Now we need our trusty PVC and hammer. Press it the same way as described before, being gentle at first and using the allen wrench to tell which side is high.
Make sure the tabs and slots are lined up. I removed the sleeve to see how the tabs are lining up, be careful when removing the sleeve to make sure the struts and springs won't take off for flight.
It takes a lot of force to press it down, I removed the sleeve to see how it's lined up with the To remove this assembly you can use a 3 jaw puller like the ones used for wheel bearings, just place it above the gear teeth.
Be careful not to damage the teeth, I've heard of a few people damaging the teeth in another thread or forum.
You can place the sleeve back on now.
Now you can put the new bearing on the bottom of the countershaft, pry out the old bearing cup and put the new bearing cup in. My transmission was rebuilt just before I purchased the truck, after looking at the bearing on the countershaft and seeing it was in good condition I decided to leave it on. I plan on tearing the transmission apart in a year or two to analyze the wear and probably replace it then.
I haven't put the block under the shaft yet in this picture.
To put the countershaft in we need to first place a 1 inch board on the bearing cup so the shaft will sit out a little bit, this allows us to put the new bearing on on the countershaft, we need to put the bearing on with the shaft in the case. At this point we should be good at pressing stuff with our redneck presses. Press the bearing all the way down.
Once the new bearing is on we can take the block out from underneath, then rotate the shaft to make sure bearings are seated in the bearing cup on the bottom.
Grab the reverse gear idler, the shaft, the two identical washers and the bearing. You can kinda see the bearing in the picture.
Pull the shaft out, slip the idler in with the bearing and washers in like this:
Insert the shaft with the machined edge outside of the case.
Play with the idler's position until you can get the shaft to slide down with the machined side flush against the case. Also place the countershaft rear bearing cup on the bearing, you can see it's also added in this picture.
Put the countershaft plate on and line up the machined edge on the idler shaft to the edge of the plate, this keeps the shaft from rotating. Then bolt down the four bolts to the proper torque specs listed in the rebuild manual of your choice.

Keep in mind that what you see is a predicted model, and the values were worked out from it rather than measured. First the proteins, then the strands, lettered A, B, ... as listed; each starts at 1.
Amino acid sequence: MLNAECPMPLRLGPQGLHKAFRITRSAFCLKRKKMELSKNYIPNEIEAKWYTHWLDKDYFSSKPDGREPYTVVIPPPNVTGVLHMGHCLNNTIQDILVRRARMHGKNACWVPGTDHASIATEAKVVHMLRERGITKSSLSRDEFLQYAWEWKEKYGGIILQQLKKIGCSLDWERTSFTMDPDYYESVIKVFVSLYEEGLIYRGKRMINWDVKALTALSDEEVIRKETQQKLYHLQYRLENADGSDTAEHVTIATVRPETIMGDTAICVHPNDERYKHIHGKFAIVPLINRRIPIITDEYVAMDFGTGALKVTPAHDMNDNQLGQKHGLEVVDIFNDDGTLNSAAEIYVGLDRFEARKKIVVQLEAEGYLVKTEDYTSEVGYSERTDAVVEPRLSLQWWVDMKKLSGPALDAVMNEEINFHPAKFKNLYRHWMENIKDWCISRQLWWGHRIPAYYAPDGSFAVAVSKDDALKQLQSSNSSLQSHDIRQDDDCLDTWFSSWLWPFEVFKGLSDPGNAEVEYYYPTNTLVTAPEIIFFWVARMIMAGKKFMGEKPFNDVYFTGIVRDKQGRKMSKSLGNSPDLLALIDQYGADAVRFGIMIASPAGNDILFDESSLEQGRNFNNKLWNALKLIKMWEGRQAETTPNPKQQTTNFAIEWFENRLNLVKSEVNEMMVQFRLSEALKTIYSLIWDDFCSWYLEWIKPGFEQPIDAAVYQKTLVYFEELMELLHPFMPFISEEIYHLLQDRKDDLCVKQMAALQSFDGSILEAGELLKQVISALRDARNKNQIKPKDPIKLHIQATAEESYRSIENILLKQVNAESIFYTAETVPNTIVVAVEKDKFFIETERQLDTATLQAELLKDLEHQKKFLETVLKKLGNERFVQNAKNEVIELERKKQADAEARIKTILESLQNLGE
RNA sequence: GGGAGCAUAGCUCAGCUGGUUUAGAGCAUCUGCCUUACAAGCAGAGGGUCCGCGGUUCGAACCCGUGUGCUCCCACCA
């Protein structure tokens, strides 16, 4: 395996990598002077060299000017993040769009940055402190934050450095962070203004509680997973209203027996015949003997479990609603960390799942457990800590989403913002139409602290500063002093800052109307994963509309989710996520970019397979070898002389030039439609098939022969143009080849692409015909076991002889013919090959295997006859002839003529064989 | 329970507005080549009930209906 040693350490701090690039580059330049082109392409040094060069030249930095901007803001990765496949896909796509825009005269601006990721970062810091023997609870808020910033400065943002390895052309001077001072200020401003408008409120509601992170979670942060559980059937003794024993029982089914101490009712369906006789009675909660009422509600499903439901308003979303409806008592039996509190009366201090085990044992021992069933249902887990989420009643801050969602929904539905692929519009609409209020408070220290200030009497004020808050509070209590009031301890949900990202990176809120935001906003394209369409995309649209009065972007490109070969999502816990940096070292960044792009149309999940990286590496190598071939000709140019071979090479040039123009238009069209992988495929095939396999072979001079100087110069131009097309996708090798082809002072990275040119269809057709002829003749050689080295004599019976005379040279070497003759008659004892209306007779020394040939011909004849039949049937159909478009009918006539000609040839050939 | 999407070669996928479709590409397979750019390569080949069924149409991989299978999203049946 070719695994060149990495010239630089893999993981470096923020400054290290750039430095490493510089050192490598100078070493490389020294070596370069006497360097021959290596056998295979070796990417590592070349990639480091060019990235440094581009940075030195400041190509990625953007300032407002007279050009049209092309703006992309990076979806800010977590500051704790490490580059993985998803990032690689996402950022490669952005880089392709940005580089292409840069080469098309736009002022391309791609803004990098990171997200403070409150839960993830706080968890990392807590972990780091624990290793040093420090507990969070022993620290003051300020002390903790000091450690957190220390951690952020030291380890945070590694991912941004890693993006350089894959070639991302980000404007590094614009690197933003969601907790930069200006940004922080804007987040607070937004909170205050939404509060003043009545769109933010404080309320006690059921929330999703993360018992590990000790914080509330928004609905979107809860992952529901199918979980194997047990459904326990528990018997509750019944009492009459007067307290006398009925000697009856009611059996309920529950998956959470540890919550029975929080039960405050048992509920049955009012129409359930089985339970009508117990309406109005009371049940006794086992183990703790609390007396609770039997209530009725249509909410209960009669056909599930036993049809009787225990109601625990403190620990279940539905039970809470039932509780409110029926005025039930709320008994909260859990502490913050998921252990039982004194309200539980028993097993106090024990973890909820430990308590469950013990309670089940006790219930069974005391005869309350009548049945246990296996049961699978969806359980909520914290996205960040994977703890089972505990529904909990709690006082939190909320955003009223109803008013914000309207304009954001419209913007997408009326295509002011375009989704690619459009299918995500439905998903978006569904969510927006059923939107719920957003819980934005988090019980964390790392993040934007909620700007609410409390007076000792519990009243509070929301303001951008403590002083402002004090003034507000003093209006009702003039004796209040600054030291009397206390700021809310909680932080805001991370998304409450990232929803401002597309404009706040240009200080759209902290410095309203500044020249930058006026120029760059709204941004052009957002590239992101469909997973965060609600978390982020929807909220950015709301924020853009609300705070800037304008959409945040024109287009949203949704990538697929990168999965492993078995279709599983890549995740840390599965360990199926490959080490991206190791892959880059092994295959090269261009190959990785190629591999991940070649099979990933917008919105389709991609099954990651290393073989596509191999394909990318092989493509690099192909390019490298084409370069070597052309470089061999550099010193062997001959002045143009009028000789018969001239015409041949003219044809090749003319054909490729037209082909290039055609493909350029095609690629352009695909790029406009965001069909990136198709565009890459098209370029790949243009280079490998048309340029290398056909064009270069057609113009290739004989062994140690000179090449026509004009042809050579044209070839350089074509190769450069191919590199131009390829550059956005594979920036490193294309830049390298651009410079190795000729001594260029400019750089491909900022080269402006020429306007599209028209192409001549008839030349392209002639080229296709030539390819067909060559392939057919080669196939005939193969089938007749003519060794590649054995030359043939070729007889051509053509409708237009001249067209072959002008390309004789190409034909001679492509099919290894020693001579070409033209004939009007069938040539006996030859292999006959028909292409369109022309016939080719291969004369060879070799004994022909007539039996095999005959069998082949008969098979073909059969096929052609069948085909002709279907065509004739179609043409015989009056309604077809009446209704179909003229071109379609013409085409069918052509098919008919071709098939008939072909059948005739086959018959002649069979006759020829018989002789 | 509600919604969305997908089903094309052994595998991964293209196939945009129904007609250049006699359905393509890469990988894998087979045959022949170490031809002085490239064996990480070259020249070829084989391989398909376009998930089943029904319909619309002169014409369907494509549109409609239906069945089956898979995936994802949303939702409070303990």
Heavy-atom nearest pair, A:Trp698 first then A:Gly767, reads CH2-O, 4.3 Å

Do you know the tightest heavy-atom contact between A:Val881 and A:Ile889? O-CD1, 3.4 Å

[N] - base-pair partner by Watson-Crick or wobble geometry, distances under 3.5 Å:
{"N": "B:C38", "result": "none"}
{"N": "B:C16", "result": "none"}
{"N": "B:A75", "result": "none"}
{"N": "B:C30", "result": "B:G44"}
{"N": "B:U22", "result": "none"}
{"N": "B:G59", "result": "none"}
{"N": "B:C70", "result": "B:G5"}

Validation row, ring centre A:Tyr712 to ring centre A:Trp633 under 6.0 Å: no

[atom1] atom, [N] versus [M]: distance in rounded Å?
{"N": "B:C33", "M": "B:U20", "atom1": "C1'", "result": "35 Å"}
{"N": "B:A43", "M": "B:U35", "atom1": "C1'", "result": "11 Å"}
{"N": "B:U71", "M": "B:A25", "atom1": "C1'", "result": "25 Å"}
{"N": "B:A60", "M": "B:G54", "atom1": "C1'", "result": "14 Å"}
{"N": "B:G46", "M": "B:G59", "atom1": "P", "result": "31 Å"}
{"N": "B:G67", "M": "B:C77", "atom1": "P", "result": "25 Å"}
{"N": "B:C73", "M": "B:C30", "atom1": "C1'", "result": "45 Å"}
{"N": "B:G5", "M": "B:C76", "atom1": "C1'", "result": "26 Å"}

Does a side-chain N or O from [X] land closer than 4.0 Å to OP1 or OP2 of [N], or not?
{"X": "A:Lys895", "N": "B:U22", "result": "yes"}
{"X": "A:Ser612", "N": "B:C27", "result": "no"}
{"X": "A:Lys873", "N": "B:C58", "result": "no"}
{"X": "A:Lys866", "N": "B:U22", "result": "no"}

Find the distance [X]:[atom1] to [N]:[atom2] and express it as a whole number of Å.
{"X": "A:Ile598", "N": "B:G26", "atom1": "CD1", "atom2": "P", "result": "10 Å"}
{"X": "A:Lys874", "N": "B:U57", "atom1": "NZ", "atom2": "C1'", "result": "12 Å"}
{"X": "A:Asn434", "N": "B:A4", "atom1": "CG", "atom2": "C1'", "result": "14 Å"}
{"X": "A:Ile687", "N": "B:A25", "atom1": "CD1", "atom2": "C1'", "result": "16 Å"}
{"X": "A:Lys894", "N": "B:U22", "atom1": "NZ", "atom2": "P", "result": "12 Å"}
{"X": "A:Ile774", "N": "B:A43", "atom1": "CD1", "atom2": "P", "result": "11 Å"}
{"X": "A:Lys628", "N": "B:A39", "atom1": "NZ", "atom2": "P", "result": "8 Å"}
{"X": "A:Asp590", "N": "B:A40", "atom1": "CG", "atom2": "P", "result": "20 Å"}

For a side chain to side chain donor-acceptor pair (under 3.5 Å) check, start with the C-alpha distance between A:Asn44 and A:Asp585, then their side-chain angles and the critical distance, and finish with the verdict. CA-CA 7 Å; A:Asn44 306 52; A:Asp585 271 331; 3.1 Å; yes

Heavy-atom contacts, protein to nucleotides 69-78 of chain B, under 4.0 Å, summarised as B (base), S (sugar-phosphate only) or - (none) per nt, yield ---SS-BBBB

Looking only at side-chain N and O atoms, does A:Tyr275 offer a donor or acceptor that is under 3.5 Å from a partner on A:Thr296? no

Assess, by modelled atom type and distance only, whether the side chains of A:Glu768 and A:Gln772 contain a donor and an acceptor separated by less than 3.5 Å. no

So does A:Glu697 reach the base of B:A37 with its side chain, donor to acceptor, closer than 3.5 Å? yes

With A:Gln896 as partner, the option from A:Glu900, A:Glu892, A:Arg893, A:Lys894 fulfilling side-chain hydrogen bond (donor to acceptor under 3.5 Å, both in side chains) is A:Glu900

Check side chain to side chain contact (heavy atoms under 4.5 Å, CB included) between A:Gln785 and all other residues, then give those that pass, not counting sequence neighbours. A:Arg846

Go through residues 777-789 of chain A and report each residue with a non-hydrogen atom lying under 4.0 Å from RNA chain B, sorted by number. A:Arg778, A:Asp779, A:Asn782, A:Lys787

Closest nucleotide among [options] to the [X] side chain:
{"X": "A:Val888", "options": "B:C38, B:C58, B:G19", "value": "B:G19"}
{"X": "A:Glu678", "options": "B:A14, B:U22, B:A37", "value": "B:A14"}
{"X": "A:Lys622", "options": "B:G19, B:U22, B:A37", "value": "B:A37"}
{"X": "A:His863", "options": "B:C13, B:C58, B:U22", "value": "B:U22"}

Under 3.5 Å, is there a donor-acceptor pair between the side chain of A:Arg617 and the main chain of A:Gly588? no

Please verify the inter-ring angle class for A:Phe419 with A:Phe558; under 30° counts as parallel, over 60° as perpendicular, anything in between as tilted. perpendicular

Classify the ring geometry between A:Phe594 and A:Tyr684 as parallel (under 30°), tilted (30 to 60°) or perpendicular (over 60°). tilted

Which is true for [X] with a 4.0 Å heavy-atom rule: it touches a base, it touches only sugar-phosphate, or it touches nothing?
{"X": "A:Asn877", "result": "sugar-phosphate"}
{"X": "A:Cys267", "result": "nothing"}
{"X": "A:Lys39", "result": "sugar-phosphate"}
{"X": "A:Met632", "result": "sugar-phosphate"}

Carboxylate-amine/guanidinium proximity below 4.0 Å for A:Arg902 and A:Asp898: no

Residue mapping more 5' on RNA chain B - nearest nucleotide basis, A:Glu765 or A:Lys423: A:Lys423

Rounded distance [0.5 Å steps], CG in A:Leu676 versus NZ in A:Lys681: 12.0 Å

Spin the shaft to make sure the bearings are seated. Now we need to check the endplay, place your dial indicator on the shaft. You don't need to zero it out, you can just observe how much the dial moves from it's original position.
Place a long flat blade screw drive under the gear and wiggle it up and down, you need 0.002" to 0.006" of play, preferably closer to 0.002". If it has zero play then the bearing probably needs to be pressed on more. If there's too much play then we'll need to try a few different shims until we reach the desired play. The shim is just a spacer that is placed on top of the bearing, when you bolt down the plate over the shim the end play is reduced. Here is the plate being removed to put in the new shim. The mainshaft will have more pictures on this. Once we're close to .002" of play then we can move on.
We can now put the mainshaft in, we shouldn't have any issues placing it in the transmission. Now we should have something that looks like a transmission.
Now we can grab the clutch and synchronizer ring for third-fourth. Lubricate this with petroleum jelly.
Line up the four slots and pull back the sleeve of the synchronizer to hold the clutch and ring into place.
Grab the pancake bearing and lube it up with Vaseline.
Place it on the shaft.
Lube up the pocket bearing for the input shaft with Vaseline and either place it on the mainshaft or in the input shaft, it'll work either way. Here's the pocket bearing on the mainshaft.
And a picture of it in the input shaft. Put the inputshaft in like a puzzle piece, it might take a moment to get the input shaft to slide in.
Then take the input shaft cup/cover and put some RTV on the surface that mates against the case, let it dry for about 5 minutes and put it on the case.
There's a hole for lubrication to go through the cover, make sure it's facing up. Bolt the cover on with the four bolts and make sure RTV isn't blocking this hole.
Put the mainshaft bearing rear cup on with Vaseline.
Put the cover over the mainshaft bearing, you only need four of the five bolts in. Pull the dial indicator and magnetic stand out again and try to achieve an endplay of .002" to .006."
Try out a few different shims if you have too much endplay.
Put the cover back on and check, if we're in the ball park then we can move on. If not we need to keep trying until we are close to ".002."